I will start this blog entry by revealing the ending. My Zodiac XL is happily flying again powered by its smooth-running powerful Jabiru 3300 engine. Saturday I flew 126 miles with the overhauled engine.
Now back to the beginning…
My Jabiru 3300 engine is serial number 1,256. It is about three years old and has 600 hours on it. Since it was manufactured several improvements have been introduced by Jabiru to address high oil temperatures in the cylinders. They are:
1) The oil cooler size has been increased by 50%
2) The fiberglass air ducts have been made wider and now cool substantially more of the cylinders
3) A defect in the cylinder base and through-bolt nuts has been revealed which affects some engines. The defect distorts the cylinder and allows blowby resulting in hot exhaust gas heating the oil
4) The recommended oil has been changed from Aeroshell 100 to Aeroshell 15W 50. The newly recommended oil is 50% synthetic and is better able to withstand high temperatures
5) The pistons have been changed so that the ring grooves are wider. This reduces the chance of the rings sticking in there grooves.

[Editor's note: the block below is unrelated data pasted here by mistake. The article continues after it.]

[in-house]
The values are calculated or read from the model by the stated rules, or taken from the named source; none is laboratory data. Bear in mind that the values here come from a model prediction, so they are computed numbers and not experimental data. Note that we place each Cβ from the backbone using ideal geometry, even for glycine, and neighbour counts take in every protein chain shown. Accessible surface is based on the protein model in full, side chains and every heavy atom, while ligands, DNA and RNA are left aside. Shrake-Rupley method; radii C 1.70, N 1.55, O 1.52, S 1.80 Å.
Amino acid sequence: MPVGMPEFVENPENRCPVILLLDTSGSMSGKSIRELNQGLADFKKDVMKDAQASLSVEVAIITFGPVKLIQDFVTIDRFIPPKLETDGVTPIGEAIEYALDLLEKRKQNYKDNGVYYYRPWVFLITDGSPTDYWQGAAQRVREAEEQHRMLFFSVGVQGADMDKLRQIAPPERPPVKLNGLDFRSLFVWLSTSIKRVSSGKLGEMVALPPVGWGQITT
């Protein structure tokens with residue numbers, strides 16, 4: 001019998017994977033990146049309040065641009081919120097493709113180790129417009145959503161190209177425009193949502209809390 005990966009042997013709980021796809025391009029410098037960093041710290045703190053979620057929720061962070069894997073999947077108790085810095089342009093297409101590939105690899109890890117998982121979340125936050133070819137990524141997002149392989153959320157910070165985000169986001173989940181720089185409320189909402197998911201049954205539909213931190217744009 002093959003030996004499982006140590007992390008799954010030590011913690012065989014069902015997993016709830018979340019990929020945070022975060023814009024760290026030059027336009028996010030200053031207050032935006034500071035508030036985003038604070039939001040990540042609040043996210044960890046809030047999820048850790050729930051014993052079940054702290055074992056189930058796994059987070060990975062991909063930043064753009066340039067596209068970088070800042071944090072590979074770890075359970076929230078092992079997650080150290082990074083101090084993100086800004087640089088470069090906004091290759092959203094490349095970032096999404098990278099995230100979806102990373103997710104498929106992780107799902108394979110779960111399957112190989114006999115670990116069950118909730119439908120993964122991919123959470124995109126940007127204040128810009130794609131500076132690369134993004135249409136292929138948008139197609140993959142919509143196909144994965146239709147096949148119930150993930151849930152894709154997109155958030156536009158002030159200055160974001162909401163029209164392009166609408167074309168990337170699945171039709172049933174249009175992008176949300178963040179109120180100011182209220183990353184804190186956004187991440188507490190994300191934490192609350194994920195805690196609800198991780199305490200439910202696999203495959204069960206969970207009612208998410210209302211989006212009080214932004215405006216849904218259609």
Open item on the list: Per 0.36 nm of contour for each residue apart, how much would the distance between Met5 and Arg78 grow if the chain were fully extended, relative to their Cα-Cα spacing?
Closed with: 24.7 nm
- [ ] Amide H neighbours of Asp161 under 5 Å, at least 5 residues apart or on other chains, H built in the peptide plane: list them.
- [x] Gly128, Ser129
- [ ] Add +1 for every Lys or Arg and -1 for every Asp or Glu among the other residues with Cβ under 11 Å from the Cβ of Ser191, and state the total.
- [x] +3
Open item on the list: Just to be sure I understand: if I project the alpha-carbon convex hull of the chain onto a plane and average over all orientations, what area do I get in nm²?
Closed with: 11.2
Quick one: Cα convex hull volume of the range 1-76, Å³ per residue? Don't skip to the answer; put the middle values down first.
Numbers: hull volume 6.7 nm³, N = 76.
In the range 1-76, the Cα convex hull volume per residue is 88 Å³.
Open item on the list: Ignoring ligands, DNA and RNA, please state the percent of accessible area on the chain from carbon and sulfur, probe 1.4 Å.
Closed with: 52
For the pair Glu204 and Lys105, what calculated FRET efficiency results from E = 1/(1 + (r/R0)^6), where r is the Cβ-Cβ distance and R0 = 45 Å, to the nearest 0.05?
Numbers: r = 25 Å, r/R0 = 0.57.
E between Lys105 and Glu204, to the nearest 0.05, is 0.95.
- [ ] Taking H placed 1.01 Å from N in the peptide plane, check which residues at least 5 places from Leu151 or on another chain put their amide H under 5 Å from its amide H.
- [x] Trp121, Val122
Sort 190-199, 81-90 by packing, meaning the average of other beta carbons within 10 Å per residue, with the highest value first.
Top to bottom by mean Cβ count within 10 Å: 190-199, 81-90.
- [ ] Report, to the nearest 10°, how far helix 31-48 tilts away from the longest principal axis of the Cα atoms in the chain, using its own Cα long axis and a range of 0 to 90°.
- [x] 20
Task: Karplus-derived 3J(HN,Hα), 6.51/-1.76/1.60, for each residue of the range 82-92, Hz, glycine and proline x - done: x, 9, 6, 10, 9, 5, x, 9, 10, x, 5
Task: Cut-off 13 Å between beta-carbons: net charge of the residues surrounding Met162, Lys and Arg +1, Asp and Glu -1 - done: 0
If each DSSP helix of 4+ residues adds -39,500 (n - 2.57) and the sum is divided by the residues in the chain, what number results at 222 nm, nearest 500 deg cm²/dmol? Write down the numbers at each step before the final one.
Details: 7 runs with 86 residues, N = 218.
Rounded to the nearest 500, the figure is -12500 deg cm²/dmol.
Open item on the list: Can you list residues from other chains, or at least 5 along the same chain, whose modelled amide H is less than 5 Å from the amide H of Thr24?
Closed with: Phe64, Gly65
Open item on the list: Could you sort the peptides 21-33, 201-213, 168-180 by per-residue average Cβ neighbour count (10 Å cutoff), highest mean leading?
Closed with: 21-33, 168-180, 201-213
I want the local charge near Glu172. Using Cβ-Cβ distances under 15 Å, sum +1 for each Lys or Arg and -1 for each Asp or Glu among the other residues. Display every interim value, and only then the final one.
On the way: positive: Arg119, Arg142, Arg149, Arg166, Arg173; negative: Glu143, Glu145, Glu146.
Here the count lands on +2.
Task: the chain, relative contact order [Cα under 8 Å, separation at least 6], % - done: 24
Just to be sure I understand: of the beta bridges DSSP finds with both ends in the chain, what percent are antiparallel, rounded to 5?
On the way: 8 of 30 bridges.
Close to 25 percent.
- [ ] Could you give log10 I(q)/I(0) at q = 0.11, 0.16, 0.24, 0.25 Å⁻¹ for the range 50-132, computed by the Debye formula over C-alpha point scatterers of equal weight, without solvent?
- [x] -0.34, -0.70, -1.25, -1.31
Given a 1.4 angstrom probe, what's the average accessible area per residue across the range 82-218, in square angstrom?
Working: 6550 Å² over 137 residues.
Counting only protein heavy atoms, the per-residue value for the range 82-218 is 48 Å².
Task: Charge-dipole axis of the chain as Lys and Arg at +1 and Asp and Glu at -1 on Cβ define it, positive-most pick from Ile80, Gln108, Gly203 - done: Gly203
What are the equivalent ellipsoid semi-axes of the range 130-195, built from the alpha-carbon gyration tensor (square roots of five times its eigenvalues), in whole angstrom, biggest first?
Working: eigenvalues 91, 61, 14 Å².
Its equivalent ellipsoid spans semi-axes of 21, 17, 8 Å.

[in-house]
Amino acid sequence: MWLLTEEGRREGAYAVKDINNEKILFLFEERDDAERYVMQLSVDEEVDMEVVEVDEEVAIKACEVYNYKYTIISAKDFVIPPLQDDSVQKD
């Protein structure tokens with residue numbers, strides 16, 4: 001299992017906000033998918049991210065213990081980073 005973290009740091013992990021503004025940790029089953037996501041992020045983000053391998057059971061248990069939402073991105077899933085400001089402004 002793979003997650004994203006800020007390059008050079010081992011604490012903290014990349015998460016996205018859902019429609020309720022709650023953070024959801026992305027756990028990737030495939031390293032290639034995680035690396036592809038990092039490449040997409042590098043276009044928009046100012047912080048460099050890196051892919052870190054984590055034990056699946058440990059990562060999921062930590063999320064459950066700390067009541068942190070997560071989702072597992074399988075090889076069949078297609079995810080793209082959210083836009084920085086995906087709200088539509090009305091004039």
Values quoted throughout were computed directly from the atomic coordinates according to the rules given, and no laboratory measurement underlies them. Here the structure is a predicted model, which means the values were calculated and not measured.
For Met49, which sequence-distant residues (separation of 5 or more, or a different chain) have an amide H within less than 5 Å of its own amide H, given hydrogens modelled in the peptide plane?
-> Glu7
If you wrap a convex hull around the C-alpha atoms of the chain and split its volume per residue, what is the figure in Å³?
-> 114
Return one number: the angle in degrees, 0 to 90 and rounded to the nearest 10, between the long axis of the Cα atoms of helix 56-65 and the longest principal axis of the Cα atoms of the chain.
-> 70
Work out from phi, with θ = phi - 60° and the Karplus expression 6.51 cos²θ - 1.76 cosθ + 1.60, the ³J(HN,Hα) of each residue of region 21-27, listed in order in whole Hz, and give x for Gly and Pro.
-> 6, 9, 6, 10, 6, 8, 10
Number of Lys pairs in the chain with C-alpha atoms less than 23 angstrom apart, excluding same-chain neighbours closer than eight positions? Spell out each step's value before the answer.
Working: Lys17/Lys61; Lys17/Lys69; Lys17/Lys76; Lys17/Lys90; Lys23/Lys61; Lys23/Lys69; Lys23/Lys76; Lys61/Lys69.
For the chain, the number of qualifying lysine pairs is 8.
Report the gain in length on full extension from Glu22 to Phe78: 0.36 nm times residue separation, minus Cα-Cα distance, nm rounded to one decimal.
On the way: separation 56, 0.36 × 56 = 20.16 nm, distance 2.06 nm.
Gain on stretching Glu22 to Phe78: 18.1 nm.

Now you may say “I don’t have high oil temperature”. I would say “how do you know”? Your oil temperature gauge tells you the temperature of the oil in the pan, not the temperature of the oil on the piston rings. If engine oil is exposed to temperatures above about 450 degrees the oil will change into a tar-like substance. These high temperatures can be found in the cylinders where all the heat comes from.
I am no expert on oil and oil temperatures. What I can tell you is my stock Jabiru 3300 engine required an expensive early engine overhaul because the piston rings had become stuck in the piston ring grooves which resulted in reduced performance and excessive oil consumption. So if your Jabiru engine lacks the above improvements you might want to look into some modifications before you encounter a similar fate.